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Chandler Trashion Fashion Show Turns Waste Into Wearables
One man’s trash is another man’s treasure — and one Chandler resident’s trash is another’s fashion statement.
The city’s recycling center has asked residents to design fashion items out of trash and recyclables. Then they’ll showcase the designs in a runway show.
“The top is a birthday bag,” said 11-year-old Farrah Bode. “The skirt is a poster board with napkins."
She wants to be a fashion designer when she grows up.
Well, she’s a fashion designer now. She created a two-piece outfit, complete with headband, for the Chandler Trashion Fashion Show.
“And then we have a belt that is checkered with poster board that is white,” she explained.
And it’s not the first time she’s turned household items into clothing.
“Well, I was inspired by the unconventional challenge on 'Project Runway,'” she said.
That’s a reality TV show about fashion design. They put the designers in a weird place where you normally wouldn’t make clothing, like a candy store.
Bode loves using unconventional materials — whatever she finds around the house.
“I like to get birthday bags or plastic bags and I make them into shirts,” she said.
And she’s good; you have to look twice to notice that this outfit is made of napkins and plastic.
“The quality of the garments are really quite amazing,” said Traci Conaway, the city of Chandler recycling coordinator.
This is the second year they’ve done Trashion Fashion, and the hope is it’ll encourage people to think about reusing an item that they’d normally throw away.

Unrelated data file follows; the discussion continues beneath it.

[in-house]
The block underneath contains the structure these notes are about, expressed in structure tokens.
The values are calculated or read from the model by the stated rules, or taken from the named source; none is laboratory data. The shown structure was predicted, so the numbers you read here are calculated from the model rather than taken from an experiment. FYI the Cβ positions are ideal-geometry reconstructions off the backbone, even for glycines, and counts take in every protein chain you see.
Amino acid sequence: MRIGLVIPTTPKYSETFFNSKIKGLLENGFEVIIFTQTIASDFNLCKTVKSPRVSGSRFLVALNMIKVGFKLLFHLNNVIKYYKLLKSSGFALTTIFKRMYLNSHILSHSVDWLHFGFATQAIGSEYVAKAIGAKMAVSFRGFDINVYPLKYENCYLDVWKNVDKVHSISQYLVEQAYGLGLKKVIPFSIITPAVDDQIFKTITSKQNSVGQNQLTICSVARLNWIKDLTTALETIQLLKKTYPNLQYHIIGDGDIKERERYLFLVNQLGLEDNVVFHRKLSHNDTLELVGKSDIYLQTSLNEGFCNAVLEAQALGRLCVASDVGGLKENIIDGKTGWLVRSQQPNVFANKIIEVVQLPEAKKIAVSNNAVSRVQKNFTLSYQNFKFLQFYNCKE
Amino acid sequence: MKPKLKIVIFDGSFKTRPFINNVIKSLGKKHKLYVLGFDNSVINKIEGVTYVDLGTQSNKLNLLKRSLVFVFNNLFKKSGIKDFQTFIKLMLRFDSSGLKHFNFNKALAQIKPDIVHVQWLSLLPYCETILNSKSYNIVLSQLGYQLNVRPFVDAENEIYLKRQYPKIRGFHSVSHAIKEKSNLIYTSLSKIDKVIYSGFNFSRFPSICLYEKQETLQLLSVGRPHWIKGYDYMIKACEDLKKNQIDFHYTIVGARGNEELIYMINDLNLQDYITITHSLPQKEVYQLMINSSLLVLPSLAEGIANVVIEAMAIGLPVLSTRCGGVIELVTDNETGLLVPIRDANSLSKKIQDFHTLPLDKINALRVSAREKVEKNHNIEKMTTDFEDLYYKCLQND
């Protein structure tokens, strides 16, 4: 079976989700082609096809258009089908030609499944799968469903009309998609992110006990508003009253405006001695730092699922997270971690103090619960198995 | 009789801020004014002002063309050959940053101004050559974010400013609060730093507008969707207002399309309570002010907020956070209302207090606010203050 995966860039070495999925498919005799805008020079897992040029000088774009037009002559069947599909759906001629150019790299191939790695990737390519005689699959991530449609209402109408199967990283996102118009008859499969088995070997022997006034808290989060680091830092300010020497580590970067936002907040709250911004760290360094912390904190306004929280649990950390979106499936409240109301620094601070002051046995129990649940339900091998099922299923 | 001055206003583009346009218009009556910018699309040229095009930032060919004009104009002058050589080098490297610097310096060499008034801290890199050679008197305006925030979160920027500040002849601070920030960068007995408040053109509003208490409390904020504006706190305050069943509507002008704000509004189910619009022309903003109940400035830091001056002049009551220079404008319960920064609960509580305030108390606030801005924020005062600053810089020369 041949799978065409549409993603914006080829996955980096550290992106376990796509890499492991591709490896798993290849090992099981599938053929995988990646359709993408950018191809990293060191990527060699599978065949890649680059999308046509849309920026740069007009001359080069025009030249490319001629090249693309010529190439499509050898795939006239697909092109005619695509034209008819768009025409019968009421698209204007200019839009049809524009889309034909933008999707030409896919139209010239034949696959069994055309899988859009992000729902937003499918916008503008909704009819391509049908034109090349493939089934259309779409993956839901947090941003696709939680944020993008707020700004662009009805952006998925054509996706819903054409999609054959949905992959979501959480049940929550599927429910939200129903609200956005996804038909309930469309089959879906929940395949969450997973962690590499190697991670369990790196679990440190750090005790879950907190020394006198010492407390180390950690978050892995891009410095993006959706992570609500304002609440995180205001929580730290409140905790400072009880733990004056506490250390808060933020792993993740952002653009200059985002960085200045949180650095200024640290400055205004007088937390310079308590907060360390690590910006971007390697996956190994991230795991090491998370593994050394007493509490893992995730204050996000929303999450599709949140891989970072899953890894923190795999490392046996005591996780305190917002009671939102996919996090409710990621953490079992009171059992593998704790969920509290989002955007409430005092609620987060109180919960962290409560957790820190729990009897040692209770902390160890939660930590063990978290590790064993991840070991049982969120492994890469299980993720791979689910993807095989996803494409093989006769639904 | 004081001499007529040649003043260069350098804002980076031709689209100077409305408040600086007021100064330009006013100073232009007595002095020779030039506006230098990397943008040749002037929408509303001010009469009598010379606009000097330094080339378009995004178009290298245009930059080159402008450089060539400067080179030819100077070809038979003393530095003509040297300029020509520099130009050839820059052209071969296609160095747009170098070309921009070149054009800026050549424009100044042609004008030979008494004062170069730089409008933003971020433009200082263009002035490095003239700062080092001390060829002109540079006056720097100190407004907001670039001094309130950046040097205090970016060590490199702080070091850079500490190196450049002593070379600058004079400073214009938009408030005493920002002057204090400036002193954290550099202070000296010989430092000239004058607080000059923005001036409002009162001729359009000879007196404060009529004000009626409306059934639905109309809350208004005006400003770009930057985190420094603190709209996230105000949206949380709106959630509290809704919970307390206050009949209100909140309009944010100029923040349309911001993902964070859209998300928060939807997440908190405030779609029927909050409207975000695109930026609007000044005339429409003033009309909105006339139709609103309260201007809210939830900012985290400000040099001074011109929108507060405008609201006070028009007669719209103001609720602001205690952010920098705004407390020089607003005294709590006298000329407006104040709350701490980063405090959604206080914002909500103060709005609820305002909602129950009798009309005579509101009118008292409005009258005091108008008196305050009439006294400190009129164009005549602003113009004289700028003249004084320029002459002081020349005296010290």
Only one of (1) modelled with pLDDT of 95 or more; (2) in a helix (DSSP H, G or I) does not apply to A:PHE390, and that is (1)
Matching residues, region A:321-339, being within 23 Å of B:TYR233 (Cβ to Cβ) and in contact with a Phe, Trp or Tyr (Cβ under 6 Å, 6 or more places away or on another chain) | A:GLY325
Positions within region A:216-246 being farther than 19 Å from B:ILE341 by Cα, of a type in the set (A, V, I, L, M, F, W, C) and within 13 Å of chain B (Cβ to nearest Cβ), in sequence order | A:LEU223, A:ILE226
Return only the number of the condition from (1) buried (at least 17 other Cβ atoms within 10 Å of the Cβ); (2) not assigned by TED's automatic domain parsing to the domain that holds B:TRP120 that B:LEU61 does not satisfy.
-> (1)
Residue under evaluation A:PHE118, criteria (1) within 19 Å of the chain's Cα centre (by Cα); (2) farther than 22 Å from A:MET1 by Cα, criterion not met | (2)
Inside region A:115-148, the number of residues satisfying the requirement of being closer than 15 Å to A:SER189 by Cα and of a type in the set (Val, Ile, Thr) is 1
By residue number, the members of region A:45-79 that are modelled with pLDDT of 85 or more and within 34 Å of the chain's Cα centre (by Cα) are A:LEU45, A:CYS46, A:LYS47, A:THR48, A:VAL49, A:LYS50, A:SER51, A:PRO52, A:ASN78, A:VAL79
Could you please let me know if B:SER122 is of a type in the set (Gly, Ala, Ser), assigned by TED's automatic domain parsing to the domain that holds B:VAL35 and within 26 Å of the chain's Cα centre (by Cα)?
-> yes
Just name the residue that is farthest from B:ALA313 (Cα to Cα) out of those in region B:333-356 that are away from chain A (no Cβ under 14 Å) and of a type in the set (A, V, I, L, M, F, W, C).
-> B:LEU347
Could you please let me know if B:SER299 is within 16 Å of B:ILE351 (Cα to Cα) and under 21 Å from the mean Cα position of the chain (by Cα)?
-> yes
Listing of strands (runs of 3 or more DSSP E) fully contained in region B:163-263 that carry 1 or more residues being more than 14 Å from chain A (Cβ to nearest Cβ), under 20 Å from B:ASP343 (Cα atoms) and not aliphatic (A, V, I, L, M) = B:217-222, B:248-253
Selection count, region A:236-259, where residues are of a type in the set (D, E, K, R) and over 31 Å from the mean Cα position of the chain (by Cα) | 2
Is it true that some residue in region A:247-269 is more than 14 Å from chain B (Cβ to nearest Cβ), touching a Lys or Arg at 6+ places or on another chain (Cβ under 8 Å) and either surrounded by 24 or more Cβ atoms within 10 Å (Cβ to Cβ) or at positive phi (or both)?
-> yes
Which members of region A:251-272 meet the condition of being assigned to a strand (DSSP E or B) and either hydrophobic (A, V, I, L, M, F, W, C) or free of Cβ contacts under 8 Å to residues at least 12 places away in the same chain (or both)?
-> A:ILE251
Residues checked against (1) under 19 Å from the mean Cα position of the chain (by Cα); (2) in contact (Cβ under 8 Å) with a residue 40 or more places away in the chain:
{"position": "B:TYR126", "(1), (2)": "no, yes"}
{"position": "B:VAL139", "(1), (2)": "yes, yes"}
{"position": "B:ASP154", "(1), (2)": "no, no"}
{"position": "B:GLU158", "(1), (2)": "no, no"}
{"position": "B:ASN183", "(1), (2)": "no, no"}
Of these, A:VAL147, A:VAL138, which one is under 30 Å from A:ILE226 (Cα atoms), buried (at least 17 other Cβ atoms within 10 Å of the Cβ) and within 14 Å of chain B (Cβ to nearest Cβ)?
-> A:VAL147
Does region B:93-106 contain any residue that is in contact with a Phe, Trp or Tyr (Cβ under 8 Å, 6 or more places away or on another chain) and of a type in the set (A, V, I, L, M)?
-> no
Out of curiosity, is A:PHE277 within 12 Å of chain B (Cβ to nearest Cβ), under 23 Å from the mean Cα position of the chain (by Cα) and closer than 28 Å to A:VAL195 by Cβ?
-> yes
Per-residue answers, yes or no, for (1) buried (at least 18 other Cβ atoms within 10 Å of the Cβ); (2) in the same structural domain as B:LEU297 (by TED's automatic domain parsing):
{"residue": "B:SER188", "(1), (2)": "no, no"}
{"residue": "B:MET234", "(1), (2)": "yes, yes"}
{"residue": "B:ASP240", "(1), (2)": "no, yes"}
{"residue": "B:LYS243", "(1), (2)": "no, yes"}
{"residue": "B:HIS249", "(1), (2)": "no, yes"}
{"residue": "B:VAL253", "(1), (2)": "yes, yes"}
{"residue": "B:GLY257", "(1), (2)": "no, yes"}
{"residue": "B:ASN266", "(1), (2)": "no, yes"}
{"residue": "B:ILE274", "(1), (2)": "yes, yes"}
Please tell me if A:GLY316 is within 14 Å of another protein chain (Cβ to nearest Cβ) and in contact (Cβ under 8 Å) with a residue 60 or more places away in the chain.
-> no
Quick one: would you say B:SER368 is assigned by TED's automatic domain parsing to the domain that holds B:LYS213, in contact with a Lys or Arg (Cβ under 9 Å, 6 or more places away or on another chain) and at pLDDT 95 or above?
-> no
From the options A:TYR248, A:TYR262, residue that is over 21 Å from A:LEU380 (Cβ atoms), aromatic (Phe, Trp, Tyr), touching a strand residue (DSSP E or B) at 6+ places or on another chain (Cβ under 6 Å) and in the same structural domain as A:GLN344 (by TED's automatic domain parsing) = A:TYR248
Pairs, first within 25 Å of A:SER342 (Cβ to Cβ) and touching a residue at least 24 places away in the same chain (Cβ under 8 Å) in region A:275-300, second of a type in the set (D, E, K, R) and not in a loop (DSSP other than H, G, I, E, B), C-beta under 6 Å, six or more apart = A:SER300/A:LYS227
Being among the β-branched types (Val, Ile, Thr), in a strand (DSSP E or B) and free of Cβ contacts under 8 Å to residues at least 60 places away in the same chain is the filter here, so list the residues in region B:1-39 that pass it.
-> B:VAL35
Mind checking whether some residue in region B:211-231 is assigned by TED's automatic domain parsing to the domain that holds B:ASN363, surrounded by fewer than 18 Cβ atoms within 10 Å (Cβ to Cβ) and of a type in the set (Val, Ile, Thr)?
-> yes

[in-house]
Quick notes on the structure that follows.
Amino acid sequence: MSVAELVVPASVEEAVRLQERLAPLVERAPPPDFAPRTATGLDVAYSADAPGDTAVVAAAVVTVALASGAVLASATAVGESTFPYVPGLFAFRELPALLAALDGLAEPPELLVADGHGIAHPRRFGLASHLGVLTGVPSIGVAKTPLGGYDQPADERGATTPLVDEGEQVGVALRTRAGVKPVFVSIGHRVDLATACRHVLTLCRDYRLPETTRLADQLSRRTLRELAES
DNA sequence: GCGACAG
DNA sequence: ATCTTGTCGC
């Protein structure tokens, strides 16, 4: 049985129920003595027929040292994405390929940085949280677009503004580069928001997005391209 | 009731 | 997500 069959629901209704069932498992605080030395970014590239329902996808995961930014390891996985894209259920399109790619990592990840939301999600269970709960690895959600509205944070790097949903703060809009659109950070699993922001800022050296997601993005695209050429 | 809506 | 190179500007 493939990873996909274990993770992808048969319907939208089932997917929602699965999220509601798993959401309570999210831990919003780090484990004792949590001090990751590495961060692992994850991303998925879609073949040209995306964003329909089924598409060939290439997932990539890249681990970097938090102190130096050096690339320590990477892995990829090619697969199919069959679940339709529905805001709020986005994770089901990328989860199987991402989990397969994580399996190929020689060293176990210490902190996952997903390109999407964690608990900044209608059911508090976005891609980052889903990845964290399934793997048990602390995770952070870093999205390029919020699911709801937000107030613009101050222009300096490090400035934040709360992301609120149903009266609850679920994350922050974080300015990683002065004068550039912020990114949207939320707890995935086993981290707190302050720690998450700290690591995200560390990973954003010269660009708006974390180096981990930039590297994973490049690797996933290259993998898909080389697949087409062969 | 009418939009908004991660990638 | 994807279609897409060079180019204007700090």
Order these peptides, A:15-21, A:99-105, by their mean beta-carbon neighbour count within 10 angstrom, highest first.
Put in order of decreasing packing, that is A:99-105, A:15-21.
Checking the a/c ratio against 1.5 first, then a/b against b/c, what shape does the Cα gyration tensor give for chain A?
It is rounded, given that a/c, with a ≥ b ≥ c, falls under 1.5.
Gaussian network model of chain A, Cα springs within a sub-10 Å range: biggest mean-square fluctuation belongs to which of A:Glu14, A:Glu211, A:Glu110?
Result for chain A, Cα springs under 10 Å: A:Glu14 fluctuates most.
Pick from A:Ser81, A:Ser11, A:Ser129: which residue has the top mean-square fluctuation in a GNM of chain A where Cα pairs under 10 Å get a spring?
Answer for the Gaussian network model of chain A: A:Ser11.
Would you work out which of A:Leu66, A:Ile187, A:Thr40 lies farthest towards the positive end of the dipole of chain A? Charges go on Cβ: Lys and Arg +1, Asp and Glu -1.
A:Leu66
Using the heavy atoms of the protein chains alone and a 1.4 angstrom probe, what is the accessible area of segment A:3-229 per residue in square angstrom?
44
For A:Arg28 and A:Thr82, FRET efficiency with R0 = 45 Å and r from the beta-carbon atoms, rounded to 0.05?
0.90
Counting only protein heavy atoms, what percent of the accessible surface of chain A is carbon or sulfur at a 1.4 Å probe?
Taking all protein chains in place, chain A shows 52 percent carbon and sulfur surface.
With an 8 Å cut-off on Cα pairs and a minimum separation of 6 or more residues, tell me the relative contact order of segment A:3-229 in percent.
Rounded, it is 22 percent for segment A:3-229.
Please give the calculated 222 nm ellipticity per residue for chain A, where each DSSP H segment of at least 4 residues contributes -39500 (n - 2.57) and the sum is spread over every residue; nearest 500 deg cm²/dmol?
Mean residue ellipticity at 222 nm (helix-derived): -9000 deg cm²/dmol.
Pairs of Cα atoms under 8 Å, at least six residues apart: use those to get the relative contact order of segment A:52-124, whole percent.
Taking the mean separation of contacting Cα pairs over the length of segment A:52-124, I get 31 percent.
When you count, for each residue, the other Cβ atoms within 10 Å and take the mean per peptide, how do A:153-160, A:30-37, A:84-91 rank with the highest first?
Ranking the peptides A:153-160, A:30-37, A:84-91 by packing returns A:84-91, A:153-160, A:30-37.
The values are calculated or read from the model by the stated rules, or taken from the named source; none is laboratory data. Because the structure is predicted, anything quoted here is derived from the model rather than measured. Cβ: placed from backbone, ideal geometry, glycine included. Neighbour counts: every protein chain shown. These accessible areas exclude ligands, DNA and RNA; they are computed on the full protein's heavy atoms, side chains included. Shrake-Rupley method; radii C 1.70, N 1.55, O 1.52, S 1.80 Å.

“Last year we had, for example, someone that took plastic bags and fused them through ironing and it turned into a fabric,” Conaway said.
She said they’re grabbing on to a trend of “upcycling,” or reusing an object to make something of even higher value. She said if they can get more people to reuse stuff in new ways, it’s less waste for Chandler to sort and ship elsewhere.
“We had the napkins from a Halloween party. We had the birthday bag from past birthdays that we reuse them for,” Bode said, explaining where her materials came from.
Now Bode said she could see her outfit being worn to a birthday party. This is where her mom, Laura, chimed in: “Like a party where you didn’t have to sit down, right? Because you can’t actually sit down in this.”
Perhaps the most practical use for this outfit is as a teaching tool.
“Recycling is great and what you put in the blue bin — we find that really important,” Conaway said. “But we want people to literally think outside the blue bin and look at ways that they can give something around their house a new purpose.”
Last year’s show included nine designers, and Conaway said this year they’re expecting more than 20 to compete for prizes like gift certificates. Oh, and if you’re wondering who will wear Farrah’s ensemble on the runway, it turns out she models, too.
The Trashion Fashion Show is at the Chandler Fashion Center on Saturday.